Although it may not seem like it, the beginning of the new year began over a month ago. This year the fun of creating New Year’s resolutions seemed almost non-existent. With COVID-19 in the air, each day becomes as unpredictable as the next.
Coming up with and sticking to New Year’s resolutions causes an extreme amount of stress on people, especially in these turbulent times. According to Dr. Sophie Lazarus of Ohio State University Wexner Medical Center, the stress that we place on ourselves when coming up with resolutions or yearly goals also causes counterproductivity. Counterproductivity hinders the attainment of a desired goal, yielding results opposite to the goals planned.
“I didn’t make a New Year’s Resolution this year because last year proved that life is so unpredictable it’s not really worth trying to set yearly goals. I honestly have no idea what will happen this year and I didn’t want to have ‘goals’ that will become unattainable due to unforeseen circumstances. This year I really just want to focus on making the most of everything,” said Magnet sophomore Claire Scaffidi.
People may find it difficult to stick to New Year’s resolutions, which causes people to fall off or forget about them. In order to stick to a New Year’s resolution include specificicity, measurability, achievability, realism, and timeliness when setting your goals. Specific and measurable goals aid in using a more organized approach when creating goals. Specificity helps one know exactly what they need to accomplish. Realistic goals instill confidence that a person’s goal fits their capabilities. If you stick to an unrealistic goal, it sabotages every other aspect of your goal. Measurability and timeliness help a person manage their time wisely so they do not become discouraged after missing a goal deadline.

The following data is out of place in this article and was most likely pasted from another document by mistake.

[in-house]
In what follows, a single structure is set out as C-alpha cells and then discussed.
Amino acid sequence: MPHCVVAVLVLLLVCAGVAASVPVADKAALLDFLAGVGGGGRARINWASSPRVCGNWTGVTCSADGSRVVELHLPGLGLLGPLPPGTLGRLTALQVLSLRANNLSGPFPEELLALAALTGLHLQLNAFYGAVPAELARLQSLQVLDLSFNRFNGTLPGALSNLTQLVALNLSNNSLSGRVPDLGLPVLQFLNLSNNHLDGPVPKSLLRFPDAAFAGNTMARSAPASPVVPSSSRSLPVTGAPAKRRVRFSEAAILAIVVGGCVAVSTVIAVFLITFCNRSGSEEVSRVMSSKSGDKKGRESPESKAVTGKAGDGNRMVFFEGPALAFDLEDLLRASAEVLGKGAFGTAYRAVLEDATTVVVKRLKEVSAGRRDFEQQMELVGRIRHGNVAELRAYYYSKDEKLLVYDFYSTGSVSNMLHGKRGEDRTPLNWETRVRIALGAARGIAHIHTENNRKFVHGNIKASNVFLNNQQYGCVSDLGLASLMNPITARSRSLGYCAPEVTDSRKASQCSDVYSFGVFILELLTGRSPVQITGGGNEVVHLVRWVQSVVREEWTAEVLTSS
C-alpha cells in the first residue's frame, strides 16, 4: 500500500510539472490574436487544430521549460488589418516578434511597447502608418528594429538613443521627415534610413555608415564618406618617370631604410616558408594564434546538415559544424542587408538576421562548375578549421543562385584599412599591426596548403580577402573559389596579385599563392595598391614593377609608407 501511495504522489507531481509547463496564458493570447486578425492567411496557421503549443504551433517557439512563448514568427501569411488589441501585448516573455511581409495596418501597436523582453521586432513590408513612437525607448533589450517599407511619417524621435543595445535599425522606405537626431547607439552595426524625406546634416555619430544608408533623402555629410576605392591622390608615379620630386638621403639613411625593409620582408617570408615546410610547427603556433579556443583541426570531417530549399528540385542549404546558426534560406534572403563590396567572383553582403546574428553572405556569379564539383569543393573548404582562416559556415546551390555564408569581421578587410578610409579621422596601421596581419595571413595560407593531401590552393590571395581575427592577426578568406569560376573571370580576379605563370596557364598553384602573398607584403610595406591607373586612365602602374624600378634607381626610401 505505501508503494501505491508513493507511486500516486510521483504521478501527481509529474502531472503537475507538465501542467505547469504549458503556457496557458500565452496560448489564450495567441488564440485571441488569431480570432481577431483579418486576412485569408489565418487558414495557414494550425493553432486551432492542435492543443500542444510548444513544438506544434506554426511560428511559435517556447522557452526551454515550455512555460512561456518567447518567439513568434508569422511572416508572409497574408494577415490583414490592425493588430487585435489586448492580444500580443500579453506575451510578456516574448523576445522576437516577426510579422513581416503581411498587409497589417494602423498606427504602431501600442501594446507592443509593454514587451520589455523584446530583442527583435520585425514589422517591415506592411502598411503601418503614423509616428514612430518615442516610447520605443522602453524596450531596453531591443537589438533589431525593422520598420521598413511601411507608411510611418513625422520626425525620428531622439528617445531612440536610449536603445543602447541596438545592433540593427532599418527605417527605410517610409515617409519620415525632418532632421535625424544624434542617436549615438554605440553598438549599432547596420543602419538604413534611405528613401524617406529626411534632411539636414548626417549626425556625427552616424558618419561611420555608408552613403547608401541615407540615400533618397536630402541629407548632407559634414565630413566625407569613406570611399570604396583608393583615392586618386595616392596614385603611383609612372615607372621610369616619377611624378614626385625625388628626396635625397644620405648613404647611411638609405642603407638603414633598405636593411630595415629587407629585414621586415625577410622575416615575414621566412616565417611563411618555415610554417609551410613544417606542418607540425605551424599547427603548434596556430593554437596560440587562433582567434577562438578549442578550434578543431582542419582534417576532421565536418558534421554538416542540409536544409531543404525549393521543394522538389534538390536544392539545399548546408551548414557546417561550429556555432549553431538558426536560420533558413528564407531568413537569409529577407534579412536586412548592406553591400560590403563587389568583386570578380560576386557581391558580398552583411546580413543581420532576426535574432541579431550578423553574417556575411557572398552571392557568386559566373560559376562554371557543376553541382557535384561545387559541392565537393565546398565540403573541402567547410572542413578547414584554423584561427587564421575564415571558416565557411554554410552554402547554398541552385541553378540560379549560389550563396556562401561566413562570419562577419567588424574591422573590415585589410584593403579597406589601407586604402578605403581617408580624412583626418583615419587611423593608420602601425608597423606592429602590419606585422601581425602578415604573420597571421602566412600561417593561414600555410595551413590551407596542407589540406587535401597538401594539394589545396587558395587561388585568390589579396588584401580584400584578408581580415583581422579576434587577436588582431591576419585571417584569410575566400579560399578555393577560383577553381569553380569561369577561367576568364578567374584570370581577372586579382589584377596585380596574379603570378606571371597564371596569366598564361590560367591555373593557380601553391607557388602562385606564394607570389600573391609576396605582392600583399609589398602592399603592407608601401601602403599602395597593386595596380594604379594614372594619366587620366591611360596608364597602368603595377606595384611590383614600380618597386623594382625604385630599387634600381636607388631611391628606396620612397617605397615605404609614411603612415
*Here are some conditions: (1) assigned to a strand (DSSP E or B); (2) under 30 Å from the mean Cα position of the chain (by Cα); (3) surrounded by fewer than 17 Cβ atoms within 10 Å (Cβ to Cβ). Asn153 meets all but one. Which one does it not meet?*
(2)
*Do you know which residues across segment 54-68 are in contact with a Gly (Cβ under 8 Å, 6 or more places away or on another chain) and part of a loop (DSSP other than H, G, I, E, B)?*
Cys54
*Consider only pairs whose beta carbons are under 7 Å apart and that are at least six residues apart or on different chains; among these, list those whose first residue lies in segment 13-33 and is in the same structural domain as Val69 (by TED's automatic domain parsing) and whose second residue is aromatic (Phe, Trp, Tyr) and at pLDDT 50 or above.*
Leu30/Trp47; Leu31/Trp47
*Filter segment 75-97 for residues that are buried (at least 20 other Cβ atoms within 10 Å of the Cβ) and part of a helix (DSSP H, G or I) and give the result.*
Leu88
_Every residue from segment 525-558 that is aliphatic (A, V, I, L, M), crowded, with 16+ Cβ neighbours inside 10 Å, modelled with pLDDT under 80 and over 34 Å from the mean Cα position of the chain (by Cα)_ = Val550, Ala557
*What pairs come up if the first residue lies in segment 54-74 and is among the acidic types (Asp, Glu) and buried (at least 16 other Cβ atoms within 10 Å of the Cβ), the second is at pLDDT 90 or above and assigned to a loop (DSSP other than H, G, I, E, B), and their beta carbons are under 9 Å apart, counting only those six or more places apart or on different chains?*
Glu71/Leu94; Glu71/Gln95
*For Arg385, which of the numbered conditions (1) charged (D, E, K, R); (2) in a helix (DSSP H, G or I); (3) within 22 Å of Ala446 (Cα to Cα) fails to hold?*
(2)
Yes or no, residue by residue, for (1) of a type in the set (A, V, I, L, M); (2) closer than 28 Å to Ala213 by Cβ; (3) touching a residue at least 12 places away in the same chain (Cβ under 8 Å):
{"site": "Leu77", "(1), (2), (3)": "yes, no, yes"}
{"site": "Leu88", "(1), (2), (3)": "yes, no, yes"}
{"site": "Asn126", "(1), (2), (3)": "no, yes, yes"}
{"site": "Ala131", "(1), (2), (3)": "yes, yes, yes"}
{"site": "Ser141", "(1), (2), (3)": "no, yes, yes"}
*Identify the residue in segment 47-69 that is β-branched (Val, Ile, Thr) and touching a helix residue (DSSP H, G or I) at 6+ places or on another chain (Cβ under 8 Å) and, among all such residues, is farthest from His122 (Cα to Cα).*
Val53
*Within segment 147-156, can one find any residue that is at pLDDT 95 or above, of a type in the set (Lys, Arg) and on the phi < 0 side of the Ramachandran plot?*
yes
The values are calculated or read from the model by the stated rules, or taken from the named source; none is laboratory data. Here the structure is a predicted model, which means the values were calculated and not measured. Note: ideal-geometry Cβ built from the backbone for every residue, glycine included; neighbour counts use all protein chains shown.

“I didn’t make any resolutions and I don’t really know why! I guess I didn’t even really think about it this year. I do believe that setting goals can be valuable, but I have found that shorter-term goals are more realistic. Such as: What do I want to do in January? Or by the end of this semester?” said Magnet Biology teacher Grant Mcdurmon.
Commonly used as a coping mechanism for stress, New Year’s resolutions aid people in evaluating themselves for the upcoming year. Coming up with goals aids one in becoming more organized and mentally healthy throughout the year. Although some struggle with sticking to long term goals, they help train your mind to think about the future and its effect on you mentally and physically.
“I did make a few New Years’ resolutions this year. I decided to focus on the many different parts of my health this year. For my physical health, I will eat more cleanly and incorporate regular exercise into my routine. For my mental health, I schedule rest days where I do not focus on to-do lists. For my emotional health, I will read more and spend more time outside. So far, I have been accomplishing my goals! Using a planner has helped,” said Magnet English teacher Leanna Steffen.
People do not need to conform to the counterproductive tradition of New Year’s resolutions. Some people set goals and new resolutions all throughout the year. Feel free to improve yourself whenever you see fit!